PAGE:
I guess the Liverpool poet of the 1960s and 1970s, Adrian Henri, is following a pattern set by Francois Villon in the 1400s by putting out a poetic last will and testament. And both were somewhat whimsical and anti-establishment figures in their own ways, ready to both make you look at the world through a different lens, while also bring a smile to your face. Both of those aims tick my boxes, for sure.
This poem has a quote from William Burroughs at the head of the poem – another rebellious and whimsical character, author of “The Naked Lunch” among other works.
Adrian Henri’s Last Will And Testament
`No one owns life, but anyone who can pick up a Fryingpan owns death.’
To whom it may concern:
As my imminent death is hourly expected these days/ car brakes screaming on East Lancs tarmac/trapped in the blazing cinema/mutely screaming I TOLD YOU SO from melting eyeballs as the white hot fireball dissolves the Cathedral/being the first human being to die of a hangover/ dying of over emotion after seeing 20 schoolgirls waiting at a zebra crossing.
I appoint Messrs Bakunin and Kropotkin my executors and make the following provisions:
1. I leave my priceless collections of Victorian Oil Lamps, photographs of Hayley Mills, brass fenders and Charlie Mingus records to all Liverpool poets under 23 who are also blues singers and failed sociology students.
2. I leave the entire East Lancs Road with all its landscapes to the British people.
3. I hereby appoint Wm. Burroughs my literary executor, instructing him to cut up my collected works and distribute them through the public lavatories of the world.
4. Proceeds from the sale of relics: locks of hair, pieces of floorboards I have stood on, fragments of bone flesh teeth bits of old underwear etc. to be given to my widow.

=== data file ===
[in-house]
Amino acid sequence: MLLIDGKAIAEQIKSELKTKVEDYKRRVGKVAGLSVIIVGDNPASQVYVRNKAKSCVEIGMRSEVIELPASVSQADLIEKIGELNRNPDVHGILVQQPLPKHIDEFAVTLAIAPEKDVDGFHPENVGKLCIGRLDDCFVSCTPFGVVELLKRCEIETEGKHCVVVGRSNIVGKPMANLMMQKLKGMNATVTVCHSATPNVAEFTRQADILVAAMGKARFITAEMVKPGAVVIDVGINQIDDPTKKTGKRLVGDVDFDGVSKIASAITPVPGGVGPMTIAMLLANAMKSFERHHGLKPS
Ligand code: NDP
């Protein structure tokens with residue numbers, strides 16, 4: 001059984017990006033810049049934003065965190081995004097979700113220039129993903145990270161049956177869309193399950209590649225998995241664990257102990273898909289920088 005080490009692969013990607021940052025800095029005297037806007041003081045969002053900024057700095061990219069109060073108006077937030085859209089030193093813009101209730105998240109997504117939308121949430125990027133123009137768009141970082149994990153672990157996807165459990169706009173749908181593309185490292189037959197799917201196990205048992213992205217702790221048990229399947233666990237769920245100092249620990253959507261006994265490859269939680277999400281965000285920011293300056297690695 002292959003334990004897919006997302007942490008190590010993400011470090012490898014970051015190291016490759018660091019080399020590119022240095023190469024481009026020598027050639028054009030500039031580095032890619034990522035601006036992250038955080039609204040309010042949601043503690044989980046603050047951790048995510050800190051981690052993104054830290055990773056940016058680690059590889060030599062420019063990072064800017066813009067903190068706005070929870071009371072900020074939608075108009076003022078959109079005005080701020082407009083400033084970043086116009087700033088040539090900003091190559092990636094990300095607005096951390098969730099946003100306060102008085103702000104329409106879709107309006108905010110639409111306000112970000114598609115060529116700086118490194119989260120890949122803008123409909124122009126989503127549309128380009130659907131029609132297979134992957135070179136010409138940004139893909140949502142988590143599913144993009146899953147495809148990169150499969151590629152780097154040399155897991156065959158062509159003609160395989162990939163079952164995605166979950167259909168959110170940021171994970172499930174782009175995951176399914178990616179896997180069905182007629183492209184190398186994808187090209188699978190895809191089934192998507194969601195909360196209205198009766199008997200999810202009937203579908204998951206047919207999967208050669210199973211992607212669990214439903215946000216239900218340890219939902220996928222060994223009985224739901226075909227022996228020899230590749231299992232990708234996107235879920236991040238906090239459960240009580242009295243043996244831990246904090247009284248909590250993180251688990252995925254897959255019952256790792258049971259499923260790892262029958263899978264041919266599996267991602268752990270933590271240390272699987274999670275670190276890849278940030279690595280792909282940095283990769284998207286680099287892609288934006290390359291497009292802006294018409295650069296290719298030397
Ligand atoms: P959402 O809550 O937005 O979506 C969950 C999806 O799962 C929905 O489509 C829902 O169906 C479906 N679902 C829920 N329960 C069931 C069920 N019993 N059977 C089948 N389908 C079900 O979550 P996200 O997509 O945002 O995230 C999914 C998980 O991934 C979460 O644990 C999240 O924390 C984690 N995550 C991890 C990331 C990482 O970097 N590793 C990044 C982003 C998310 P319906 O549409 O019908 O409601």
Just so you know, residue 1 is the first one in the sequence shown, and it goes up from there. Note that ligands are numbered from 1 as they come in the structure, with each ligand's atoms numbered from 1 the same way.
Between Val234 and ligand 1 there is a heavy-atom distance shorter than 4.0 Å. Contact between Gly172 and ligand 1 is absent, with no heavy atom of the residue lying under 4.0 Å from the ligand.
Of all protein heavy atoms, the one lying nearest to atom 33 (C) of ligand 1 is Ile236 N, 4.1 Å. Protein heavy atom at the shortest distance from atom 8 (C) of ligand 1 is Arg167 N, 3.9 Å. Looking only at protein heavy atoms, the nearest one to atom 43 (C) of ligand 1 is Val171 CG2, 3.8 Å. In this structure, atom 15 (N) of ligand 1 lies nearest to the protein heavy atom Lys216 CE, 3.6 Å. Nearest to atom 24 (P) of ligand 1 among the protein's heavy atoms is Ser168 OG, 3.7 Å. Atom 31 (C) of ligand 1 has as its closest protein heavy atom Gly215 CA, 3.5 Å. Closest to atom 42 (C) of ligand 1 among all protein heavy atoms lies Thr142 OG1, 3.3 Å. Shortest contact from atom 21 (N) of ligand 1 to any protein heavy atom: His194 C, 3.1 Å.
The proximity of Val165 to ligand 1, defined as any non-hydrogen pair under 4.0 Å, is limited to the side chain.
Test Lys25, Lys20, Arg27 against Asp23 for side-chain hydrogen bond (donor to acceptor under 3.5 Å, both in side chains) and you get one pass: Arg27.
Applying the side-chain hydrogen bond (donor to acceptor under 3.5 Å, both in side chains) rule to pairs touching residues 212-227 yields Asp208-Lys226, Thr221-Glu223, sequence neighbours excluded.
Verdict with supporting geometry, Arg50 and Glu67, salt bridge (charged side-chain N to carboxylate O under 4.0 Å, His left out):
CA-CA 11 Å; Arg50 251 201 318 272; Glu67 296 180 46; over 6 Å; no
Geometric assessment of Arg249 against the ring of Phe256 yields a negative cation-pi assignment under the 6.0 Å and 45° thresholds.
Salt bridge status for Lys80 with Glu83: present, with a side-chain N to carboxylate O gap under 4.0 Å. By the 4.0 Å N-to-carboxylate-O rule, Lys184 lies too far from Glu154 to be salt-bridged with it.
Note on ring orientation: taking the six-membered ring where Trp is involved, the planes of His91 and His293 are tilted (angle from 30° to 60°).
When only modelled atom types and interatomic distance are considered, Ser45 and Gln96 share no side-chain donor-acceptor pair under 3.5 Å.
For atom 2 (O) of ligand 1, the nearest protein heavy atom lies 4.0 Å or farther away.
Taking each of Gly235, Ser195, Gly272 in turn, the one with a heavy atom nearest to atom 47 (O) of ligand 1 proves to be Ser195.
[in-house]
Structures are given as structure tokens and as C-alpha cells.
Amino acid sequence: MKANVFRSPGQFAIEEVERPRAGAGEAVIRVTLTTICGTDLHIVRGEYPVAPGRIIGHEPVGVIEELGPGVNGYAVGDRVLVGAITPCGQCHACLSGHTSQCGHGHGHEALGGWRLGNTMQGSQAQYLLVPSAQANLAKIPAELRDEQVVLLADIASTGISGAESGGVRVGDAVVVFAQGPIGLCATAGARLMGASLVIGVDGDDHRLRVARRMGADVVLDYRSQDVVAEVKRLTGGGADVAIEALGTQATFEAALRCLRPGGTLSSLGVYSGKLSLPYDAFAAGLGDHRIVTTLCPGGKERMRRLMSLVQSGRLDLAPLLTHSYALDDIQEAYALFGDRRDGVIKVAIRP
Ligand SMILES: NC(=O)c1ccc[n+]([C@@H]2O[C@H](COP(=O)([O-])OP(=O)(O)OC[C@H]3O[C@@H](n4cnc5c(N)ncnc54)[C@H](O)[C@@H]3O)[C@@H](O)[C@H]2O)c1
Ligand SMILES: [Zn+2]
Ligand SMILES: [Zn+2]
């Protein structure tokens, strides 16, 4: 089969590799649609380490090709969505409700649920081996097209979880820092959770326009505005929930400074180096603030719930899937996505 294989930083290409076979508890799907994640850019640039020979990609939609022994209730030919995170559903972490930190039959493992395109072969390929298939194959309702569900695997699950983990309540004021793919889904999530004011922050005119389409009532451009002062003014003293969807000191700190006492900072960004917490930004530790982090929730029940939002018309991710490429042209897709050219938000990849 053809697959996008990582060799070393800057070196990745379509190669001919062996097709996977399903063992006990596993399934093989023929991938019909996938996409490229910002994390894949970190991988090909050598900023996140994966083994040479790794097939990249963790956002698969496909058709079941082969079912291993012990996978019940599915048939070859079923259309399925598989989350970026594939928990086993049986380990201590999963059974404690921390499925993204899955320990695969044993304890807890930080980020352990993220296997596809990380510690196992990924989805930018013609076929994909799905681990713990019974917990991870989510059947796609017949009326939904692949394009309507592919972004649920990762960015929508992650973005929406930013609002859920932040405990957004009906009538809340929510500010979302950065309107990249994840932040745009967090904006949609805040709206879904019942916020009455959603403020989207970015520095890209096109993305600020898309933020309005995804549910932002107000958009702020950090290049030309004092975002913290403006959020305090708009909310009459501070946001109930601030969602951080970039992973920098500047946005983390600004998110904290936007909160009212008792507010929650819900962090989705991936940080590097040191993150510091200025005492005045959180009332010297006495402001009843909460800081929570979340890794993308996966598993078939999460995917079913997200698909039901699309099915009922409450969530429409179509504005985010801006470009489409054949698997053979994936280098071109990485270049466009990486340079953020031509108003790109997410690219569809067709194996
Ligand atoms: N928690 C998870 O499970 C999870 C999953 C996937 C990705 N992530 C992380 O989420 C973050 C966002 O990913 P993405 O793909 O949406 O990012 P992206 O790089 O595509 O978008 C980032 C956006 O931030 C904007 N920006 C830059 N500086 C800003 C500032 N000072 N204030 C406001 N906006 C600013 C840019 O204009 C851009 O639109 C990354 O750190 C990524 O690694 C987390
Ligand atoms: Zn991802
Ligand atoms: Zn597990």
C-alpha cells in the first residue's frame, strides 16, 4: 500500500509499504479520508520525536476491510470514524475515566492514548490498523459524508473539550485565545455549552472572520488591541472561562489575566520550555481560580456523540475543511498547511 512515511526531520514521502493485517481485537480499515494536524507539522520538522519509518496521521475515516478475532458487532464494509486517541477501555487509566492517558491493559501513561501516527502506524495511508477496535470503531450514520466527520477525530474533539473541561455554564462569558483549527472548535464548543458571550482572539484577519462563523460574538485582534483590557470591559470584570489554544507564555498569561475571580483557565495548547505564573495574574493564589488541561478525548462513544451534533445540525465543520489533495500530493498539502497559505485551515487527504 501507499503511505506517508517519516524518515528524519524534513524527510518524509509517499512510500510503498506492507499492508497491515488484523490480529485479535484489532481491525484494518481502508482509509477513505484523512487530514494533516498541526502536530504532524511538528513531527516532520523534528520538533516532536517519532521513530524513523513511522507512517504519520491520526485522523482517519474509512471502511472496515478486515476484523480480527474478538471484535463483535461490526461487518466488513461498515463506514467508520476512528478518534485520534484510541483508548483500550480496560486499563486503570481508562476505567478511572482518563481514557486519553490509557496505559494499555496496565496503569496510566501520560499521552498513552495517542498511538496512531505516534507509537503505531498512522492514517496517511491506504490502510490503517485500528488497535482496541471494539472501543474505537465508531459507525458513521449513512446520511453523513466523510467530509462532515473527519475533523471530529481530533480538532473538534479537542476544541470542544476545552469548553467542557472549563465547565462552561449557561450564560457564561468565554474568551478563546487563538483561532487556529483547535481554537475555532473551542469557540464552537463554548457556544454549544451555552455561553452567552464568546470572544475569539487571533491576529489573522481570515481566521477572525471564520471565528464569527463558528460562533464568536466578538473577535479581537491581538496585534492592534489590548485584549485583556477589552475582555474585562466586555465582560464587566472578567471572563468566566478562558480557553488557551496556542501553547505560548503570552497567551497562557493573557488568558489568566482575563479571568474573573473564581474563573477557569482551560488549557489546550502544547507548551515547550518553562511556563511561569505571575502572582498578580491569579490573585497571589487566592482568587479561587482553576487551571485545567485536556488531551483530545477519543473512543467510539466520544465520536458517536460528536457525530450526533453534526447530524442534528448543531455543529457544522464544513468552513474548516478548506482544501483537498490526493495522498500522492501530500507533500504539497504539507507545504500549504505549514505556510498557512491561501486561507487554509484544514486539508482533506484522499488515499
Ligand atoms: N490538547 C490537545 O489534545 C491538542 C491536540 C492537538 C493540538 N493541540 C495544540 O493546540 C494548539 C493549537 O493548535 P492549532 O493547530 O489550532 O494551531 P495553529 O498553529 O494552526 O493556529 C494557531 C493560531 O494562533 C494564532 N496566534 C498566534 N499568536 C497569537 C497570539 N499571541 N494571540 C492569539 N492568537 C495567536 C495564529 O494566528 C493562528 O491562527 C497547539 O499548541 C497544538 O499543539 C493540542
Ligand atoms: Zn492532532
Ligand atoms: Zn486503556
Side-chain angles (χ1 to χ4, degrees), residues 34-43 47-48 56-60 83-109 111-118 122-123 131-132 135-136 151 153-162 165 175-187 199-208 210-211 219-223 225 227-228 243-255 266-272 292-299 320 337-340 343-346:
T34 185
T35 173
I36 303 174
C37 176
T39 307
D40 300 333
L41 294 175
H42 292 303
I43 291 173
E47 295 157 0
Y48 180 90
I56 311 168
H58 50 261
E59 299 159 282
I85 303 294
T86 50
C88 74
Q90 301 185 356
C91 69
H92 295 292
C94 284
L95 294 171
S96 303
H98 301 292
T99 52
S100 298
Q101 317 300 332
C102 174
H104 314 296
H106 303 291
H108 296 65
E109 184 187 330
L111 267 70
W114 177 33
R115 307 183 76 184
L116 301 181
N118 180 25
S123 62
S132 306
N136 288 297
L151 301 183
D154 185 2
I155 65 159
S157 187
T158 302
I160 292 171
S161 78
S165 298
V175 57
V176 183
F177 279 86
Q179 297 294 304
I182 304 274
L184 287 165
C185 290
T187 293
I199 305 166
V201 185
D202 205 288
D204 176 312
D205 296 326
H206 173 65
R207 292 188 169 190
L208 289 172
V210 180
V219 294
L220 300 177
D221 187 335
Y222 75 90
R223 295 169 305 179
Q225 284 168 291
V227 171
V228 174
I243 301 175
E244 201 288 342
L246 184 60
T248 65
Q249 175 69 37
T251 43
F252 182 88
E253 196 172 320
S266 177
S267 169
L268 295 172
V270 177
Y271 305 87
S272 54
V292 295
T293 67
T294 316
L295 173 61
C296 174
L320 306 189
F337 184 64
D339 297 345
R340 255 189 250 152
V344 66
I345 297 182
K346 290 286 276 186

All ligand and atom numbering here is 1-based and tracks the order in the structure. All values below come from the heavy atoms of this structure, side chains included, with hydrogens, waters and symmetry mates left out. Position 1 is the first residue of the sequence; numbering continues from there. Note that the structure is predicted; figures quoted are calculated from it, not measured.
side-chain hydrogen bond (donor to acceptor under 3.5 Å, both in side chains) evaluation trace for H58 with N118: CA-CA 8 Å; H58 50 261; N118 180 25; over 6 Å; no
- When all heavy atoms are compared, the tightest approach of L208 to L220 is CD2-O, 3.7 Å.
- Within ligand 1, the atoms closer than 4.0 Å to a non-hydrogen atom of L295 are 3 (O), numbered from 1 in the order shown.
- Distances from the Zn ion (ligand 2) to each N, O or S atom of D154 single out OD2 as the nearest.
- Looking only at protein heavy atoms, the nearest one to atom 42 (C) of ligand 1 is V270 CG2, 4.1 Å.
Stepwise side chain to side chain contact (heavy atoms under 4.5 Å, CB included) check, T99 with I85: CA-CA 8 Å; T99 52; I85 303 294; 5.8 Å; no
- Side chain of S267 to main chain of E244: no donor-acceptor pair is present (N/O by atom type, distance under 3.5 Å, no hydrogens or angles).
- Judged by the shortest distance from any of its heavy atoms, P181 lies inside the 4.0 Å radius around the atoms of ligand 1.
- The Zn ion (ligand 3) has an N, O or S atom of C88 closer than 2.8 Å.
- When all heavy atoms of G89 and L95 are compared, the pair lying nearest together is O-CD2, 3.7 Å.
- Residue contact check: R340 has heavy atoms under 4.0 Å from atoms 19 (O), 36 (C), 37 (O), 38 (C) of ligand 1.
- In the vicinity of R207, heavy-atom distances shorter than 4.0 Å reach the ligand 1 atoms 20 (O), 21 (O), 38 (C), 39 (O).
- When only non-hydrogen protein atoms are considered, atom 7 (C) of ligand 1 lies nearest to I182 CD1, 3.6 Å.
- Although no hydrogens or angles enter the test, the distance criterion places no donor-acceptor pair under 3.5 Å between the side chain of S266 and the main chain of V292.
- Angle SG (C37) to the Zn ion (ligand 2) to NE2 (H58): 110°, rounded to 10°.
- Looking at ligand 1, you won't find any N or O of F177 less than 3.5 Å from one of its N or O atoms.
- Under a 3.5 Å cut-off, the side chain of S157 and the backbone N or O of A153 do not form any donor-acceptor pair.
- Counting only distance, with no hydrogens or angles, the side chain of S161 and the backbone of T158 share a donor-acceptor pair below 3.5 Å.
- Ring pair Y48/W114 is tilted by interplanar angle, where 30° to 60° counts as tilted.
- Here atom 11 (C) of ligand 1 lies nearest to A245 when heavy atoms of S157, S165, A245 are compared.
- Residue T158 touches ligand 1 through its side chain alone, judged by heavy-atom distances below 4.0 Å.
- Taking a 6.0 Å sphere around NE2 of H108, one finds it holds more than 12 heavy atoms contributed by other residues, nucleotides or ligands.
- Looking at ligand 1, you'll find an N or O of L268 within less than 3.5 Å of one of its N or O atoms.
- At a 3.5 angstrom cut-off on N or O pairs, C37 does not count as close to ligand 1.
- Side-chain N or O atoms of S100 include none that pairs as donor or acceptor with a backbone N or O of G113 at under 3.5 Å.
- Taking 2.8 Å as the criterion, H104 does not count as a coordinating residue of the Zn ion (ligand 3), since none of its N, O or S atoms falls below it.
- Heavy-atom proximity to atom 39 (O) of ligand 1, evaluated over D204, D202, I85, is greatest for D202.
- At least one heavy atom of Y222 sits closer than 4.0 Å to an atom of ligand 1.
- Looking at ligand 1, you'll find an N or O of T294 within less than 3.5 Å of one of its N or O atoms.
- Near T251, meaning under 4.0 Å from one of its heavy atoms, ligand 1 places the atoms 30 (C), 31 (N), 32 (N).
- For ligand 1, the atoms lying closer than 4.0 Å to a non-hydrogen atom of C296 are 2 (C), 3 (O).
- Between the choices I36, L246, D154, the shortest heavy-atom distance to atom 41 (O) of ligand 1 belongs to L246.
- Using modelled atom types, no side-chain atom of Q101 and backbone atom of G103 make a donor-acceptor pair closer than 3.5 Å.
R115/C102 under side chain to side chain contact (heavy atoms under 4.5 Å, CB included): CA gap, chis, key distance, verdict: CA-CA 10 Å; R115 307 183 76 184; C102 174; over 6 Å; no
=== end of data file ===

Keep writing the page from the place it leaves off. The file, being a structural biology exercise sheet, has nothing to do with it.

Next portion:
5. I leave my paintings to the Nation with the stipulation that they must be exhibited in Public Houses, Chip Shops, Coffee Bars and the Cellar Clubs throughout the country.
6. Proceeds from the sale of my other effects to be divided equally amongst the 20 most beautiful schoolgirls in England (these to be chosen after due deliberation and exhaustive tests by an informal committee of my friends).
Witnessed this day by:
Charlie `Bird’ Parker.
So the somewhat formal opening line, “To whom it may concern” transitions immediately into a musing of the various ways in which the poet might meet his imminent death, none of them involving dying of old age in his bed. A car crash on the main road between Liverpool and Manchester (the East Lancs road); being burnt to death in a fire in a cinema or a Cathedral (one of Liverpool’s two great cathedrals); succumbing from an epic hangover; or just being overcome by the sight of a gaggle of precocious schoolgirls… He wants to go out with a bang, not a whimper.
The poem then goes into a list of the poet’s intentions for the disposal of this possessions, loosely speaking. There is an overt nod to Henri’s admiration of the anarchist tradition with the notion that Bakunin and Kropotkin could come back to life and be his executors.
And then on we go with the poet’s effects, revealing his taste for jazz and blues, poetry, young people, especially young girls, Liverpool and its surroundings go along the East Lancs Road (which I have taken many times myself), and a love of those places where ordinary working class people gather for sustenance and entertainment – coffess shops, chip shops, pubs and dives – the places that make England special (although it is 30 years since I lived in England, these places are also in my heart).
This poem was written in 1964. Luckily for us all, this poem did not turn out to be a premonition of Adrian Henri’s actual death. He lived on until 2000, writing many more entertaining and thought-provoking poems.
The Poetry Dude